Madagascar reported its first cases of COVID-19 in March 2020. It was not long before the outbreak spread throughout multiple regions, including some of the country’s most remote communities. The Government of Madagascar quickly mobilized response activities to minimize the outbreak’s spread and impact on the population, including coordinating activities with the United States Agency for International Development’s (USAID) ACCESS program, led by Management Sciences for Health (MSH), and other partners and stakeholders.
In 2018, Madagascar enacted a new family planning law allowing youth to seek family planning services without parental consent. However, young couples still face major obstacles accessing these vital services due to a lack of availability, persistent cultural and religious beliefs, and minimal information about available options.Training and empowering midwives to provide contraceptive services, particularly to Malagasy youth, is a key to overcoming these challenges. Here’s how the many midwives, supported by the USAID-funded ACCESS program, are playing this critical role.
Story by Samy Rakotoniaina and Misa RahantasonMalaria is one of the leading causes of mortality among children under five in Madagascar. Atsimo Andrefana is one of Madagascar’s regions most severely impacted by endemic malaria. More than half of the population in this region lives more than five kilometers from the nearest health facility, putting Community Health Volunteers (CHVs) on the front lines in the fight against malaria.Retsilake is one of the 6,000 high-performing CHVs supported by the USAID-funded Accessible Continuum of Care and Essential Services Sustained (ACCESS) project.
In the face of conflict, natural disasters, or other crippling events, women disproportionately suffer from preventable illnesses and death. In such circumstances, women are more likely to experience gender-based violence, and they have more difficulty accessing basic health services, such as obstetric care and family planning.
MSH at the 2018 Health Systems Research Symposium
Last week, at the 5th Global Symposium on Health Systems Research in Liverpool, MSH presented on the approach and lessons learned during the community-level response to the 2017 plague outbreak in Madagascar.
This story was originally published by STAT News.
Ashley Arabasadi, Global Health Security Policy Adviser for Management Sciences for Health, describes the negative consequences of scaling back investments in CDC and USAID global health programs in this op-ed for STAT First Opinion.
After more than 15 years working on women’s health and development issues, I feel hopeful as the growing movement for women’s rights brings us closer to a breakthrough. Everyday, more women around the world -- from Madagascar to Mexico -- are emerging as leaders. They are organizing and demanding justice, equality, and the full realization of their fundamental human rights.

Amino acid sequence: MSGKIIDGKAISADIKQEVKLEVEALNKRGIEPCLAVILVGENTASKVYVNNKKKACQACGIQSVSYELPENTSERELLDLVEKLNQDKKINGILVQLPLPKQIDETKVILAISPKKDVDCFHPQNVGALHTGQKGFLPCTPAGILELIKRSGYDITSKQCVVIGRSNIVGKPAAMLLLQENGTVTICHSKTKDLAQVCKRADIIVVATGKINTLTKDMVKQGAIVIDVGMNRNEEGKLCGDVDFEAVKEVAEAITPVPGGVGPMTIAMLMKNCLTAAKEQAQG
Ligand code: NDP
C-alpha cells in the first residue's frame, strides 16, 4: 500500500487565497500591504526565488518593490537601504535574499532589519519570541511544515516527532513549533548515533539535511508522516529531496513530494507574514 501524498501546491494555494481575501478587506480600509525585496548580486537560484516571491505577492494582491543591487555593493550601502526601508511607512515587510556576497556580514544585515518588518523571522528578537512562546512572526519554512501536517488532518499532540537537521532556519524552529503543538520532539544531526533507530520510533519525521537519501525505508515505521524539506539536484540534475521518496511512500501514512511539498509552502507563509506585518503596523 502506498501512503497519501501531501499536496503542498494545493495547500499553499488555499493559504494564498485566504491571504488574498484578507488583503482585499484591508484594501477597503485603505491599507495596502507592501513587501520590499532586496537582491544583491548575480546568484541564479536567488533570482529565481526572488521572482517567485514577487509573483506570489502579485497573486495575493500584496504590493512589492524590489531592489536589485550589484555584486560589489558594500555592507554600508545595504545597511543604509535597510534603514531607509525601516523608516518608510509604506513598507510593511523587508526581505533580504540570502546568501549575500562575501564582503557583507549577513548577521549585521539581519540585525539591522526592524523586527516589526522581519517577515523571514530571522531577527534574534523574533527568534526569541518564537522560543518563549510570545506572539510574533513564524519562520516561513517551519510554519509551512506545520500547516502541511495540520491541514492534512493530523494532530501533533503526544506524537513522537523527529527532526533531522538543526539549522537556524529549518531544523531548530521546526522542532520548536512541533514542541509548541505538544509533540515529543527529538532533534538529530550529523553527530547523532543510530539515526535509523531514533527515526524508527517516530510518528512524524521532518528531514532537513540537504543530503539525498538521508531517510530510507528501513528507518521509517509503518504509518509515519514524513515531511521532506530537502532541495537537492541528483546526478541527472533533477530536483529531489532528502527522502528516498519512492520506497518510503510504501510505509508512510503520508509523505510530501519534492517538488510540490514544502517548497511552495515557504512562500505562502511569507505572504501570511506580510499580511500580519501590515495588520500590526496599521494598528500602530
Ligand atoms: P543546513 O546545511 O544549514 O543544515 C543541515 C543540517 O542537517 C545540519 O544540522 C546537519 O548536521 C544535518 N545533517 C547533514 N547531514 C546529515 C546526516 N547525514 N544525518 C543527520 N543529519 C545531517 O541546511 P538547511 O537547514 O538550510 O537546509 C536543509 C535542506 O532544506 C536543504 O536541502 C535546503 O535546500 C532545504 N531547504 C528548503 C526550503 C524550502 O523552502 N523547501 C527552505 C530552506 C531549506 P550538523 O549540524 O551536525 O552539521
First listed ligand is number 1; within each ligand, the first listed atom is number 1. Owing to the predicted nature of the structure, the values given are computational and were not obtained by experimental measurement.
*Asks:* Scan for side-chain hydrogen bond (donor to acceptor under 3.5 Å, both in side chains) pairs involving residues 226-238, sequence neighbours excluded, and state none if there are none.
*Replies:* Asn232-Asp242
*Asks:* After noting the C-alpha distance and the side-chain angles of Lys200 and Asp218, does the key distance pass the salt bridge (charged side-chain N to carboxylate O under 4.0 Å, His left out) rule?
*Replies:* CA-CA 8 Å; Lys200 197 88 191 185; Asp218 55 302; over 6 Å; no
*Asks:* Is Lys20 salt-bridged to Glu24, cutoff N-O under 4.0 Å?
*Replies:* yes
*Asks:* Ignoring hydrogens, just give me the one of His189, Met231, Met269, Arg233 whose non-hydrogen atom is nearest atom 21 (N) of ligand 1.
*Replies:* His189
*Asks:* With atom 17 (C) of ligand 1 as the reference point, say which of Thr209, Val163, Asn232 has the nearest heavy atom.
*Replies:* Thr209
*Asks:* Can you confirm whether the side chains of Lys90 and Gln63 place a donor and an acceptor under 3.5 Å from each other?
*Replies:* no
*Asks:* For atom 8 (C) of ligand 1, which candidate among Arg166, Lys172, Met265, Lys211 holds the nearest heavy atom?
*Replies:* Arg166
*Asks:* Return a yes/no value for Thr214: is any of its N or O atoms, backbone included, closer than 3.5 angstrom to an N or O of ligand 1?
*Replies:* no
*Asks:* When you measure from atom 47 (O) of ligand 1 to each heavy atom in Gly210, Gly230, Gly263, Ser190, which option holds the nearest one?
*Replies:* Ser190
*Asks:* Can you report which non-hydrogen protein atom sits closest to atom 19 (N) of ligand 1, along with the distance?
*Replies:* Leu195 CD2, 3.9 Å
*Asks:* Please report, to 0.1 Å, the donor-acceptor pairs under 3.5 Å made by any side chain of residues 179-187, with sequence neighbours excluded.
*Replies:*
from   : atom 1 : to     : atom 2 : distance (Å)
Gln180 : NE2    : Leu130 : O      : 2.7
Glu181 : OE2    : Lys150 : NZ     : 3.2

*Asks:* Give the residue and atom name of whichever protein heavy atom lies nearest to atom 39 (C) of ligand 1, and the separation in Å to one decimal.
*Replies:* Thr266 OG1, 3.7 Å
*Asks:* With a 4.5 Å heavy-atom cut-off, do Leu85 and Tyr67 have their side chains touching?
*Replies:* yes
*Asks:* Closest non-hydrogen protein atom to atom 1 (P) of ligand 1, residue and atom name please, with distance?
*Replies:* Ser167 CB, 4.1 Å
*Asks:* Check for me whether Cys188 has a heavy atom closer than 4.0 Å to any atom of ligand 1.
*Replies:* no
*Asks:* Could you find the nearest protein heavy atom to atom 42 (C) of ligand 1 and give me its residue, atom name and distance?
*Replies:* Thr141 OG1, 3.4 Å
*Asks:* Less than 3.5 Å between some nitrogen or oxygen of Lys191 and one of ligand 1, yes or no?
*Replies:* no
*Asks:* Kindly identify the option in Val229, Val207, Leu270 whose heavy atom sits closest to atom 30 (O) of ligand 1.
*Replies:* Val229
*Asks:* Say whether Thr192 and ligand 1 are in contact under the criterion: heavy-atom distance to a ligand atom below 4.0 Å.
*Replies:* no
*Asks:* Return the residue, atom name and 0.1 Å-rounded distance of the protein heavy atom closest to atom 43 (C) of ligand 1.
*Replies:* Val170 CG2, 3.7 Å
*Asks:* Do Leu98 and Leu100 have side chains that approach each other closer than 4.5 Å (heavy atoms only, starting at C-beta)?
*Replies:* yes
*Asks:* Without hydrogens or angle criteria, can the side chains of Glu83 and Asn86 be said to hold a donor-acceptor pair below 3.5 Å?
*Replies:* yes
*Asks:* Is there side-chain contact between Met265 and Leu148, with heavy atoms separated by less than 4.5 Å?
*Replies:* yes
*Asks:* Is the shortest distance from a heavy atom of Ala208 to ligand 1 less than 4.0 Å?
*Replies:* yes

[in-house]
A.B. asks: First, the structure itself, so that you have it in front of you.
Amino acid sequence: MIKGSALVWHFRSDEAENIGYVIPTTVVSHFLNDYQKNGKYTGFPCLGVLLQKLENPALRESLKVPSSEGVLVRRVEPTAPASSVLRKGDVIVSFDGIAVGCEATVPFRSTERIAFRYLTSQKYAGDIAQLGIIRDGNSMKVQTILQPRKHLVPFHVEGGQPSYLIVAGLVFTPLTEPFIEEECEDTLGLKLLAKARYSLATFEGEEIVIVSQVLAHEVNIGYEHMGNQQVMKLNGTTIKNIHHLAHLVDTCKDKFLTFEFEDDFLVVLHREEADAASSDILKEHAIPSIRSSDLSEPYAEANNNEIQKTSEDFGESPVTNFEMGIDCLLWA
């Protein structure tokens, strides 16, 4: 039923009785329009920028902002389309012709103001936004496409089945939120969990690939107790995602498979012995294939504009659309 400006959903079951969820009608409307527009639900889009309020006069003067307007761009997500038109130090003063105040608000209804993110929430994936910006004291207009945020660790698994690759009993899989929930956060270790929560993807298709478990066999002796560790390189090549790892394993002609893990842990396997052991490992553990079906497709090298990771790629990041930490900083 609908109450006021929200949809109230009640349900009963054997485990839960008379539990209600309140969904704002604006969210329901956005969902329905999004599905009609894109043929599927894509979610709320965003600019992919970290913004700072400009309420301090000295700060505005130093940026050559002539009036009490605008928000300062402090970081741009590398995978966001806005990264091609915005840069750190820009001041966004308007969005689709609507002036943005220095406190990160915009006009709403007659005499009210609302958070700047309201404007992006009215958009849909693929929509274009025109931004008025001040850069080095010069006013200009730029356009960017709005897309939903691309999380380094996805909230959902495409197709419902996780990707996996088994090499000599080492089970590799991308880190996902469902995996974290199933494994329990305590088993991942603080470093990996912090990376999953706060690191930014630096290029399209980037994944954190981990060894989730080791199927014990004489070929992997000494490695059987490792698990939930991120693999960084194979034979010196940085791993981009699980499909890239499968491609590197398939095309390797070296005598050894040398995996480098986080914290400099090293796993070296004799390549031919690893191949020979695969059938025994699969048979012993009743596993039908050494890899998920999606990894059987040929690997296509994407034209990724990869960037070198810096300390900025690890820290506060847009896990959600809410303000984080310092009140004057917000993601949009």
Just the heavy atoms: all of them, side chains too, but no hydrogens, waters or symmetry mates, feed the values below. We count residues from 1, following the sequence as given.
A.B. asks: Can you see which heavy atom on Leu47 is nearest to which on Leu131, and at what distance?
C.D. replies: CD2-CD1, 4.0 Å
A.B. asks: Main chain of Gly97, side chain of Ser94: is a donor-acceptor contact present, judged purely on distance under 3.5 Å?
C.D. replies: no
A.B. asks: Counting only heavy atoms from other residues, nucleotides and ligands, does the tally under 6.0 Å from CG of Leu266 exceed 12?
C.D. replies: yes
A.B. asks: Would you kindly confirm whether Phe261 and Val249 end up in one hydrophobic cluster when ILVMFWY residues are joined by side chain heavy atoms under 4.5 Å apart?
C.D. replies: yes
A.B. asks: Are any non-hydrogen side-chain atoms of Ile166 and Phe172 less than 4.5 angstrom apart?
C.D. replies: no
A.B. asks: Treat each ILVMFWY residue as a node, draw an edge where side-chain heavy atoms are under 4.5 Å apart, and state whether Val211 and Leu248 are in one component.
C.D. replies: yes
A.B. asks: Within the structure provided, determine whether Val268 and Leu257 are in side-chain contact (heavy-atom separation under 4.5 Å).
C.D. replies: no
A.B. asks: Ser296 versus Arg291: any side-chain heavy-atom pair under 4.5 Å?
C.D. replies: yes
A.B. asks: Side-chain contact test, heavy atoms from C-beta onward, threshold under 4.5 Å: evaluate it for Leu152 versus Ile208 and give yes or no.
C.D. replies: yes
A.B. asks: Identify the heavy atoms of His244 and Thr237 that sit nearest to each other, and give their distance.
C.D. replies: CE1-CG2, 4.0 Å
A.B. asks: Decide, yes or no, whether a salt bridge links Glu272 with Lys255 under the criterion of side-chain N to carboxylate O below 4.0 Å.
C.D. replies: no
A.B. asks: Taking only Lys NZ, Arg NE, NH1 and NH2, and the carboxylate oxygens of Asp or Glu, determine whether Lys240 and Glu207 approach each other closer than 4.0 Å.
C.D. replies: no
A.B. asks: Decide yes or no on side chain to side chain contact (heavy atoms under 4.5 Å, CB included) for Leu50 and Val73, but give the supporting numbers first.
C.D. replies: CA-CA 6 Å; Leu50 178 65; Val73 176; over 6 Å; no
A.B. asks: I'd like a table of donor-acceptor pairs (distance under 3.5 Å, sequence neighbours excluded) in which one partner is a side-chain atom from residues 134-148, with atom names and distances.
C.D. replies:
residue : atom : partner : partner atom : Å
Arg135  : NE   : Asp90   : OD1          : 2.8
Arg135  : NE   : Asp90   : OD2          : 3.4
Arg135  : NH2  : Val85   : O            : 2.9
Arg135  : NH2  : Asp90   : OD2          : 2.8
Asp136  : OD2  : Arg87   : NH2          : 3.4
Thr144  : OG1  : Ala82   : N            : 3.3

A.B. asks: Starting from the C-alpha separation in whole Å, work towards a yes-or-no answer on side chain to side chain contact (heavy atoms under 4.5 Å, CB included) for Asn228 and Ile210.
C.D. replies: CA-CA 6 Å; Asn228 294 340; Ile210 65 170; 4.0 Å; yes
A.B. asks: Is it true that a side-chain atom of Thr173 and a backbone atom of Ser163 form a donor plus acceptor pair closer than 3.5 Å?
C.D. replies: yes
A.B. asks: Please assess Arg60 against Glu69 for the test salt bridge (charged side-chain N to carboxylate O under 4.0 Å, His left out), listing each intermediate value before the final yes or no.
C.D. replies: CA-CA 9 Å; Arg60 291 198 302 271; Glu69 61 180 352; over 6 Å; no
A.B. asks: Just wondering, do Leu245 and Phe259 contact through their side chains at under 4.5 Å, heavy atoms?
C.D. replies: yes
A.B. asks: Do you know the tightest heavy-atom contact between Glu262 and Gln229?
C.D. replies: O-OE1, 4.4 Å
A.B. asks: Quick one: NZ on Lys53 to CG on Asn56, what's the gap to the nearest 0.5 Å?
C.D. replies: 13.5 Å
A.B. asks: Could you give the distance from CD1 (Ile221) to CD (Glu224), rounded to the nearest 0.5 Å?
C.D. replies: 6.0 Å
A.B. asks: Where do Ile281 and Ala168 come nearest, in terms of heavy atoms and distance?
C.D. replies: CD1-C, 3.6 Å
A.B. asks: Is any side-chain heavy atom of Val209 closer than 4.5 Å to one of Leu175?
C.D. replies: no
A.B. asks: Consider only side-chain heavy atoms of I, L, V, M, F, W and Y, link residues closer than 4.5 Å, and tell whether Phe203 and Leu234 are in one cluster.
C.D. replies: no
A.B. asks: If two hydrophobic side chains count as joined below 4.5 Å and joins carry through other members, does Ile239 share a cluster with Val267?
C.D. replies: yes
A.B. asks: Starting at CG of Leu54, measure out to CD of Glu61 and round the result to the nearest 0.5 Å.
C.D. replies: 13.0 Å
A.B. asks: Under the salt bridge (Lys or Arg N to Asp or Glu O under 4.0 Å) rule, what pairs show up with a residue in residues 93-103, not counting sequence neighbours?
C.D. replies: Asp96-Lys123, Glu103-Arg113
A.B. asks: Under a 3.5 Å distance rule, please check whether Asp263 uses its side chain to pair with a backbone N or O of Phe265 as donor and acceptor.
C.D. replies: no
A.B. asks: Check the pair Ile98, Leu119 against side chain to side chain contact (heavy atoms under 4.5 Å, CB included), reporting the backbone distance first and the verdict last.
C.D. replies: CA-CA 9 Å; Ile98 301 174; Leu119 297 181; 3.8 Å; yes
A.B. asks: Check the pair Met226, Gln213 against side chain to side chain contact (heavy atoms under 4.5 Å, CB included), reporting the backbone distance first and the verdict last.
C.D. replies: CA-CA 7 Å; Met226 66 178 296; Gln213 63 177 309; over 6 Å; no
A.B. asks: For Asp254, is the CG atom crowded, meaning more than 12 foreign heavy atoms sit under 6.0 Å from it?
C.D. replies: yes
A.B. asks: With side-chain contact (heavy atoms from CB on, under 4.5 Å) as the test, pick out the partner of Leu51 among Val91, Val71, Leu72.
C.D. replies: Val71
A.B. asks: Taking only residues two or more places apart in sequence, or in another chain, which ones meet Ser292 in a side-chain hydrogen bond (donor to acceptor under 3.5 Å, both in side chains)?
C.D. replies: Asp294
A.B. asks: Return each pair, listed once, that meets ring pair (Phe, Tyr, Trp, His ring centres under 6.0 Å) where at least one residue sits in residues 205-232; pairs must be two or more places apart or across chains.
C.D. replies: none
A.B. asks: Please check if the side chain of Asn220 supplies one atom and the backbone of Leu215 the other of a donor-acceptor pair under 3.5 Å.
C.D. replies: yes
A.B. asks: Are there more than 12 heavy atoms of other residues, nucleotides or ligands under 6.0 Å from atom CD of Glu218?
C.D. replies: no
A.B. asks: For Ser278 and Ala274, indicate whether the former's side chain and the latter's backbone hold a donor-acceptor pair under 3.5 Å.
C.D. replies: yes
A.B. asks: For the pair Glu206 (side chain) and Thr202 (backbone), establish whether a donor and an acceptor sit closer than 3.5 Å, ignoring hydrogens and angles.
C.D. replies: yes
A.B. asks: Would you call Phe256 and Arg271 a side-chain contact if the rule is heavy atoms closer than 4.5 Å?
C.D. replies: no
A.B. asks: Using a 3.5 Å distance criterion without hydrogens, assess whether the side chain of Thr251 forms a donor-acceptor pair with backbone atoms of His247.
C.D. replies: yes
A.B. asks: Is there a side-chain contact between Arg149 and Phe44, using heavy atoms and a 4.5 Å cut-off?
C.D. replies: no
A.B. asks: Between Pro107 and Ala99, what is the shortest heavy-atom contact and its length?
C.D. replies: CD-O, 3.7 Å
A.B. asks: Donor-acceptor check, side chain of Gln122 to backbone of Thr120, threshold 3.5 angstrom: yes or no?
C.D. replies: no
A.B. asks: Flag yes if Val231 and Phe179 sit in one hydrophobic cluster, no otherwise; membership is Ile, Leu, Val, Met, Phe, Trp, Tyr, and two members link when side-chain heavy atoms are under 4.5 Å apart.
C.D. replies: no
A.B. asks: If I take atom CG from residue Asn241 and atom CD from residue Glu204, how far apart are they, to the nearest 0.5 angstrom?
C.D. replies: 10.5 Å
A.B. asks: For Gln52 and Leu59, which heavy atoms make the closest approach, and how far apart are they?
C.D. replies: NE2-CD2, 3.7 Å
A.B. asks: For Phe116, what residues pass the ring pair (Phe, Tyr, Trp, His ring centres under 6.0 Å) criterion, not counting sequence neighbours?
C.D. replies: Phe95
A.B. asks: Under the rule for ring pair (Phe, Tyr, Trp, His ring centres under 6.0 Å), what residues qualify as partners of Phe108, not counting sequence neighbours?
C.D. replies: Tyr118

In the late 19th and early 20th centuries, Poliomyelitis, or polio, was a greatly feared scourge of the industrial world. It would paralyze hundreds of thousands of children every year. Once effective vaccines were introduced in the 1950s the number of cases of polio dropped dramatically and the virus was eliminated in many countries, but in some places, it still remains a real threat.
For the past six years, MSH has hosted an internal storytelling contest, where we invite staff to submit stories on how strong health systems are saving lives and improving the health of people around the world. The stories undergo a judging process, and the winners are featured in an annual compendium.
We are proud to bring you these winning stories that demonstrate the power of effective partnerships. Meet health workers, community leaders, pharmacy managers, and patients from 10 different countries, working together across the health system to build healthier communities.
This World Health Worker Week (April 2-8), we honor the health workers around the world who work every day to improve health in their communities. This photo essay illustrates the important role that community health volunteers play in strengthening Madagascar's health system.
World Health Worker Week (April 6-10, 2015) is an opportunity to mobilize communities, partners, and policymakers in support of health workers in your community and around the world. It is a time to celebrate, raise awareness, and renew commitments to health workers having the training, supplies and support they need to do their jobs safely and effectively.Meet some of the health worker heroes among us!
Muhamed Mulongo, acting district health officer, Uganda
Dr. Muhamed MulongoPhoto credit: Cindy Shiner/MSH